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What Was So Remarkable About the Tenth Circuit's Decision Striking Down Utah's Gay Marriage Ban

BY ARI EZRA WALDMAN

6a00d8341c730253ef01a511d4c82a970c-800wiTo regular Towleroad readers, Judge Lucero's opinion holding Utah's ban on same-sex marriage unconstitutional reads like so many other equality rulings in the post-Windsor world. But the June 25th decision is still remarkable and unprecedented. Kitchen v. Herbert did not just say banning gays from marrying is unconstitutional. Rather, it said the law is unconstitutional specifically because of Windsor

The opinion has all the trappings of many of the district court decisions that preceded it. First, the Court addressed the standing of the parties (the Governor and Attorney General of Utah) to appeal. I won't spend any time on that section except to say, they do have standing. Second, the court dispatched the Baker v. Nelson canard. As courts have argued countless times in the last 4 years, a 1971 order by the Supreme Court saying that a gay marriage lawsuit does not raise any federal question is outdated and no longer good law in the post-Romer, post-Lawrence, and post-Windsor universe.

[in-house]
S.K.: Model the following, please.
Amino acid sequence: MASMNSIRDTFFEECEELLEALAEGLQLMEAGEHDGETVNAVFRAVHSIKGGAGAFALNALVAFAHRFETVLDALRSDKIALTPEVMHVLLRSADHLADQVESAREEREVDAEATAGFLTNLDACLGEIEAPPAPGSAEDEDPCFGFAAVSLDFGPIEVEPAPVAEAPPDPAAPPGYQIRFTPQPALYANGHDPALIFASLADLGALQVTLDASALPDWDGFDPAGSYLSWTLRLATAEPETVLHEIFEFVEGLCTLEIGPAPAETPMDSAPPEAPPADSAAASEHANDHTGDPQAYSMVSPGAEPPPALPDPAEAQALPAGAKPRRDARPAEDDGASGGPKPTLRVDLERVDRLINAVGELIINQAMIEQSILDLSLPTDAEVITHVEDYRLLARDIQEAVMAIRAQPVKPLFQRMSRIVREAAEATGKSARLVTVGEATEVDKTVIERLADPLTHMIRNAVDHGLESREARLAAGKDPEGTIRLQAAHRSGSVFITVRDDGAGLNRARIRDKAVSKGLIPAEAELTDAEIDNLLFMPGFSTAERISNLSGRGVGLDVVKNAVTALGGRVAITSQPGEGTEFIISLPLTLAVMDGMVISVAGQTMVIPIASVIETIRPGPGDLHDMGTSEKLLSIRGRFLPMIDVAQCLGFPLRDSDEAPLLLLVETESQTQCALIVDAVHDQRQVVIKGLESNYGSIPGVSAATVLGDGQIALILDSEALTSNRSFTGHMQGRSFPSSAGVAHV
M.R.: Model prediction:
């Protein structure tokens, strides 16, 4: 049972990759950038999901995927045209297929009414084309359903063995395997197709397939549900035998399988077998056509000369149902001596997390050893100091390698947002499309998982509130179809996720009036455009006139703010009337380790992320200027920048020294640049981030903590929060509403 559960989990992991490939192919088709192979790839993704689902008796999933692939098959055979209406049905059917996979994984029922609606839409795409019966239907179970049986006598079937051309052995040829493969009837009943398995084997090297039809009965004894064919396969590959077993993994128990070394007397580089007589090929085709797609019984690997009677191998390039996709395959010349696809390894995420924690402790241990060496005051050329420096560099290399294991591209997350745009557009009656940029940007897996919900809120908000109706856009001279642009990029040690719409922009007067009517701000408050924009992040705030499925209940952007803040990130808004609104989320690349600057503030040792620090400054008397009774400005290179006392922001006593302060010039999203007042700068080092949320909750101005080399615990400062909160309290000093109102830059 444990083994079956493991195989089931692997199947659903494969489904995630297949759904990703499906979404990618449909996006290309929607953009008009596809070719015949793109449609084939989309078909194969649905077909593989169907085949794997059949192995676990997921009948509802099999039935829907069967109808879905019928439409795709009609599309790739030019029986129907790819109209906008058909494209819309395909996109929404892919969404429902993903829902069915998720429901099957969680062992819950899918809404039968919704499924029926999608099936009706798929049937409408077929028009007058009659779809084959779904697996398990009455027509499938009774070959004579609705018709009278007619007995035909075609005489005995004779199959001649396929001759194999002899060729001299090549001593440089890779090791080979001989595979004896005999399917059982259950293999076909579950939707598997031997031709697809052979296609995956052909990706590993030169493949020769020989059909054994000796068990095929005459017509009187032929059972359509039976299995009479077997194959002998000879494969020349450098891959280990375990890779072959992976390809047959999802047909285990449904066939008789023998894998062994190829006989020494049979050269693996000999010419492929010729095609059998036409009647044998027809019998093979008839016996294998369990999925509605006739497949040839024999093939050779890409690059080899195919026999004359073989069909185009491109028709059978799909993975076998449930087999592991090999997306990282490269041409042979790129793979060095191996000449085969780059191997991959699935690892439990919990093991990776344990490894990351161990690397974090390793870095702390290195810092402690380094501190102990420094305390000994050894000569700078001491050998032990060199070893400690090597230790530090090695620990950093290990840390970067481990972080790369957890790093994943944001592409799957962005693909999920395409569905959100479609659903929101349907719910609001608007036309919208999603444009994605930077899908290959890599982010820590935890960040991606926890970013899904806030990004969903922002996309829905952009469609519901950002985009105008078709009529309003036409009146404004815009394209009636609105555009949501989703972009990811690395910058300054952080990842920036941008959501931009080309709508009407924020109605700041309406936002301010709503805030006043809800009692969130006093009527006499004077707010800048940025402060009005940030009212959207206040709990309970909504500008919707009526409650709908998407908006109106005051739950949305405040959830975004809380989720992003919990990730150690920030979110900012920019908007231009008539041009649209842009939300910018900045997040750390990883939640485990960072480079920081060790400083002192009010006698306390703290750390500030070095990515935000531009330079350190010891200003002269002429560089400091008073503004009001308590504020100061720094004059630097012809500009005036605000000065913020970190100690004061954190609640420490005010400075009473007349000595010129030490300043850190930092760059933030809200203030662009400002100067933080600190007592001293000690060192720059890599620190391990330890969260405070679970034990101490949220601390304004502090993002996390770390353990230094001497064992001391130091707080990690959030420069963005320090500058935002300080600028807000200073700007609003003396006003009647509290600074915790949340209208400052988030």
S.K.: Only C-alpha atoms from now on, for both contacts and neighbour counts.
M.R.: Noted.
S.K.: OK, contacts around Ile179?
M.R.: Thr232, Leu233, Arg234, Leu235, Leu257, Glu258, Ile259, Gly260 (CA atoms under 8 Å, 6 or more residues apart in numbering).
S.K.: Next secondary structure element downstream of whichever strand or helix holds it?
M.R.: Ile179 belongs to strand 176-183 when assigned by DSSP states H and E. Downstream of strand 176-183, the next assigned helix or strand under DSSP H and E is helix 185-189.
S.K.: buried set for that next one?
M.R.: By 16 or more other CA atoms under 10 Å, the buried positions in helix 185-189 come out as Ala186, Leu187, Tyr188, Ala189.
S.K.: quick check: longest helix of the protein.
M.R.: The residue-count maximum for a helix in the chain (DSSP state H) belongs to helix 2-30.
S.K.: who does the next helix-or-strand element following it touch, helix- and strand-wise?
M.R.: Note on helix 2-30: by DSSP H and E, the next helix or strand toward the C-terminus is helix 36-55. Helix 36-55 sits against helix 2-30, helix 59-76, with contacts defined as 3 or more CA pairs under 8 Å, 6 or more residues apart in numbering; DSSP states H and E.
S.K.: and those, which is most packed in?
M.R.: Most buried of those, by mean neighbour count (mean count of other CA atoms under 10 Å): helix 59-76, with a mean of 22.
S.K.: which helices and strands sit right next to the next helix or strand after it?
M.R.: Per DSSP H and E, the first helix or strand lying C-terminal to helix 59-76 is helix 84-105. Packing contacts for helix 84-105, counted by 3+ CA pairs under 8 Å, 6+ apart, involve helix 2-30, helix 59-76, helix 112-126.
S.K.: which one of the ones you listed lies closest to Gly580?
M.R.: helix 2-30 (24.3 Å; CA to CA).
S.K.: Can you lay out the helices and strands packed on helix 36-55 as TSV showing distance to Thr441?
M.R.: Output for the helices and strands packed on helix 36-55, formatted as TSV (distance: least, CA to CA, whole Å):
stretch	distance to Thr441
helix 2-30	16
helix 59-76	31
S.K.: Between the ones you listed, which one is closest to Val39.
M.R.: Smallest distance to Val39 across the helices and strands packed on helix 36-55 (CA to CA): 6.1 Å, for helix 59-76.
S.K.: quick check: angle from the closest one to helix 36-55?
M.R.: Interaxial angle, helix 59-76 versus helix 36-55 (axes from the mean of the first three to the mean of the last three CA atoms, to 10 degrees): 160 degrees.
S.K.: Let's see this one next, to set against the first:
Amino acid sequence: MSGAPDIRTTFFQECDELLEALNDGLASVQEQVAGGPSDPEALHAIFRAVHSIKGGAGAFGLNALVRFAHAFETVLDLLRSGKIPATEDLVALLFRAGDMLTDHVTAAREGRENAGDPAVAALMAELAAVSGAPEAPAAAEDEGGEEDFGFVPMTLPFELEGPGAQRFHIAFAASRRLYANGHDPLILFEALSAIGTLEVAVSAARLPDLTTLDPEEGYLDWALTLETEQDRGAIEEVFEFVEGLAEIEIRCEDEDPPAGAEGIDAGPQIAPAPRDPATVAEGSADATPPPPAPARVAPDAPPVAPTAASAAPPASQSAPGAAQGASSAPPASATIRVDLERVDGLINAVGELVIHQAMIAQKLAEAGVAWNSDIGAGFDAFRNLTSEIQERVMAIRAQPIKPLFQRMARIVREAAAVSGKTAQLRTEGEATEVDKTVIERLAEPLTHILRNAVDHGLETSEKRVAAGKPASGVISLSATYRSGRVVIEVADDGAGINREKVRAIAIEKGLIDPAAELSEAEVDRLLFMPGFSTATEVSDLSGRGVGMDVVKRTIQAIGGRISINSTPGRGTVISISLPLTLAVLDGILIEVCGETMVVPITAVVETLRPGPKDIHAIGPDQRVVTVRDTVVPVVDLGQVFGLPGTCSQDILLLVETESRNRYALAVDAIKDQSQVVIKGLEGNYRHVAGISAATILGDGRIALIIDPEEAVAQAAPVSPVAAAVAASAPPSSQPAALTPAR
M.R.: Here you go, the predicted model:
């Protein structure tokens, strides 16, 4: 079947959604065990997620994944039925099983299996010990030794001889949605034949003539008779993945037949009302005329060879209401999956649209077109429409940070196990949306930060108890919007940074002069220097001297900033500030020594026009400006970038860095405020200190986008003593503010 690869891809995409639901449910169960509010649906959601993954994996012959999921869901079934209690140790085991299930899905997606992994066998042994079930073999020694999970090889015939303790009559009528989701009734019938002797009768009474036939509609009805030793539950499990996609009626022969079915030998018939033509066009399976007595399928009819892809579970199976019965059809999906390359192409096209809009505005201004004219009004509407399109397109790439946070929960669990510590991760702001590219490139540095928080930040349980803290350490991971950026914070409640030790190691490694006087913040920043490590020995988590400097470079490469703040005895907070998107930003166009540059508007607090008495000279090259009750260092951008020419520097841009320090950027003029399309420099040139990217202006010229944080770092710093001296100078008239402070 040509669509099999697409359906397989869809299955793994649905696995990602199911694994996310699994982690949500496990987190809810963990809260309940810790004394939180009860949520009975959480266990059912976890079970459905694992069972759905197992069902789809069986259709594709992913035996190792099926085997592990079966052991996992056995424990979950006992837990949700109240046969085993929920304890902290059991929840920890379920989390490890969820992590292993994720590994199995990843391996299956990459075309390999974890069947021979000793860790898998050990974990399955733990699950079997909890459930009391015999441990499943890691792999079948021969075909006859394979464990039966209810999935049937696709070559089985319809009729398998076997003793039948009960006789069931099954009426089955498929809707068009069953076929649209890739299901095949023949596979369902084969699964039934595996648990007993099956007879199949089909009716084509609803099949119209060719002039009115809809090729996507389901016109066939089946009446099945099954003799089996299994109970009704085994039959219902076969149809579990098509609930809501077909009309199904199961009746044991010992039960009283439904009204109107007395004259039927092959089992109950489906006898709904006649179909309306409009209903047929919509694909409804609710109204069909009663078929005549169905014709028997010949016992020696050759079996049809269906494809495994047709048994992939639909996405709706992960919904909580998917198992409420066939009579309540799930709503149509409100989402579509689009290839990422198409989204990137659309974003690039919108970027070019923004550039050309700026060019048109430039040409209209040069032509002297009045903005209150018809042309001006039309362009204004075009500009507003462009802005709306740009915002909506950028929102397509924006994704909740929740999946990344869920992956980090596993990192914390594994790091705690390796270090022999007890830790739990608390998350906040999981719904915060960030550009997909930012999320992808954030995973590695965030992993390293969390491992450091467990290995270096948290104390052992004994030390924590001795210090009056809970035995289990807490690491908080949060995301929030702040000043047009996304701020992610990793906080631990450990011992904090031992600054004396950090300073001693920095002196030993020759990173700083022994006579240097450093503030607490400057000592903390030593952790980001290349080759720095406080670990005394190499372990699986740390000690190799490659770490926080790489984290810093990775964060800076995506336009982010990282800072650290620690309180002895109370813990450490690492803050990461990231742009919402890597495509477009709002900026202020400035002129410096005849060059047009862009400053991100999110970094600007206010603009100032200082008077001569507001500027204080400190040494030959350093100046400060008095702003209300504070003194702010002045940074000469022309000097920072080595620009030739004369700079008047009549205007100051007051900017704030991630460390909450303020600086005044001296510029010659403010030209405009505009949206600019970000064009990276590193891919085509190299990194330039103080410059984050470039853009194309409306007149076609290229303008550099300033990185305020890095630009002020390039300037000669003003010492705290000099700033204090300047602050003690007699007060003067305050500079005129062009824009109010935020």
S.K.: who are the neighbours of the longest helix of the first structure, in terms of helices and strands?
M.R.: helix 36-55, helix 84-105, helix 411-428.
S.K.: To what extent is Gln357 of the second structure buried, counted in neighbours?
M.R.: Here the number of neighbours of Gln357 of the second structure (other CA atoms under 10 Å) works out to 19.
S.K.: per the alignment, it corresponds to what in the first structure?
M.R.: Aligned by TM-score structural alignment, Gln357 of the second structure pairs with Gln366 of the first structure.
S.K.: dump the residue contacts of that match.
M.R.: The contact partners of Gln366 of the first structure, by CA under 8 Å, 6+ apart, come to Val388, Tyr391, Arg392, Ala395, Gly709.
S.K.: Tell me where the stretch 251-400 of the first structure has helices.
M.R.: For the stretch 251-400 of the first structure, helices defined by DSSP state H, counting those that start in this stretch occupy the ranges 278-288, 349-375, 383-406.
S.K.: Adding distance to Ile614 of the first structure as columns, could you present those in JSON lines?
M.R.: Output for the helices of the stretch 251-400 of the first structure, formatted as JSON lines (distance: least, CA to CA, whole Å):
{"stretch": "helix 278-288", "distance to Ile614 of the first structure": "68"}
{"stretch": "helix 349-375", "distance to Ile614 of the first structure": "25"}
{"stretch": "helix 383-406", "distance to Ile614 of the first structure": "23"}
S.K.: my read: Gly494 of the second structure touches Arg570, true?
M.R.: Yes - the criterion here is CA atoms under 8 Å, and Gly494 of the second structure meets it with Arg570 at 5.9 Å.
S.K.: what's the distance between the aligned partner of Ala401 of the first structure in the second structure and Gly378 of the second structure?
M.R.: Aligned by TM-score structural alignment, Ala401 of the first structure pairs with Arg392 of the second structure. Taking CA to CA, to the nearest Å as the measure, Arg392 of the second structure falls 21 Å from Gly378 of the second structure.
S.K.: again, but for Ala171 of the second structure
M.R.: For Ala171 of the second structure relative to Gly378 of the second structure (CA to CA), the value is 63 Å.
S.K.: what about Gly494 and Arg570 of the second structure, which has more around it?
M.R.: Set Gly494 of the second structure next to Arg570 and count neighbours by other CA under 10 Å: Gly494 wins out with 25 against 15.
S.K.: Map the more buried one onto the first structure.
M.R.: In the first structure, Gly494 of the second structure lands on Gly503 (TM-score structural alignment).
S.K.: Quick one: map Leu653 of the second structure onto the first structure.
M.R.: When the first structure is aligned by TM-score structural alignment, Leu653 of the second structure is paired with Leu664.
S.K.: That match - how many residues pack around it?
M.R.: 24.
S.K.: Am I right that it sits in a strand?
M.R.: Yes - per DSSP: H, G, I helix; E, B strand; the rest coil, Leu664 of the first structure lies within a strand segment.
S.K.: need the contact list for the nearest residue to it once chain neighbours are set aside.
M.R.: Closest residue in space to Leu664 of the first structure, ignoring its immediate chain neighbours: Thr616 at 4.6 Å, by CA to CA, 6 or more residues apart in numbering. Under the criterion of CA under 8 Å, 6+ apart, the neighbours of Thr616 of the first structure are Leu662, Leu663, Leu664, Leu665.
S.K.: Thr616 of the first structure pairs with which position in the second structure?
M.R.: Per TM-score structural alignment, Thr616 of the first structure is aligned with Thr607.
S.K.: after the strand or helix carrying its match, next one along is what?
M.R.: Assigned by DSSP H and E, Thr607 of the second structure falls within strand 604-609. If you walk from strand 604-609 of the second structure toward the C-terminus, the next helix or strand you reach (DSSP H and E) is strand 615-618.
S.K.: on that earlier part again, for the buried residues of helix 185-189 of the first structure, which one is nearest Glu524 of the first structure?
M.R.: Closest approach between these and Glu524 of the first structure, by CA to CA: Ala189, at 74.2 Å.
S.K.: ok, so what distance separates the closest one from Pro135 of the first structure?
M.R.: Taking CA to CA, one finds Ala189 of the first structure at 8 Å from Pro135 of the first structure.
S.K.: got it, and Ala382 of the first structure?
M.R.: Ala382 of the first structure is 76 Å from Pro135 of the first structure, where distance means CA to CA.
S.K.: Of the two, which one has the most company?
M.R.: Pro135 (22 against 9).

But the way the Baker argument got resolved was new. Utah, which was represented in Court by my old boss at Winston & Strawn LLP, Gene Schaerr, argued that the very principles of federalism and the separation between the federal government's role and the role of state governments that were reaffirmed in Windsor mandate that the Tenth Circuit hold to the Baker dismissal. In other words, Utah was acknowledging that the world has changed since 1971, a concession that the Prop 8 proponents and those supporting the Virginia gay marriage ban have refused to make. However, despite those cataclysmic changes, Utah argued that Windsor reminds us of the danger of the federal government intruding into the exclusive realms of the state. Therefore, since marriage is traditionally a state issue, the federal judiciary should stay out of a state's decision to discriminate against gays in that exclusive state matter.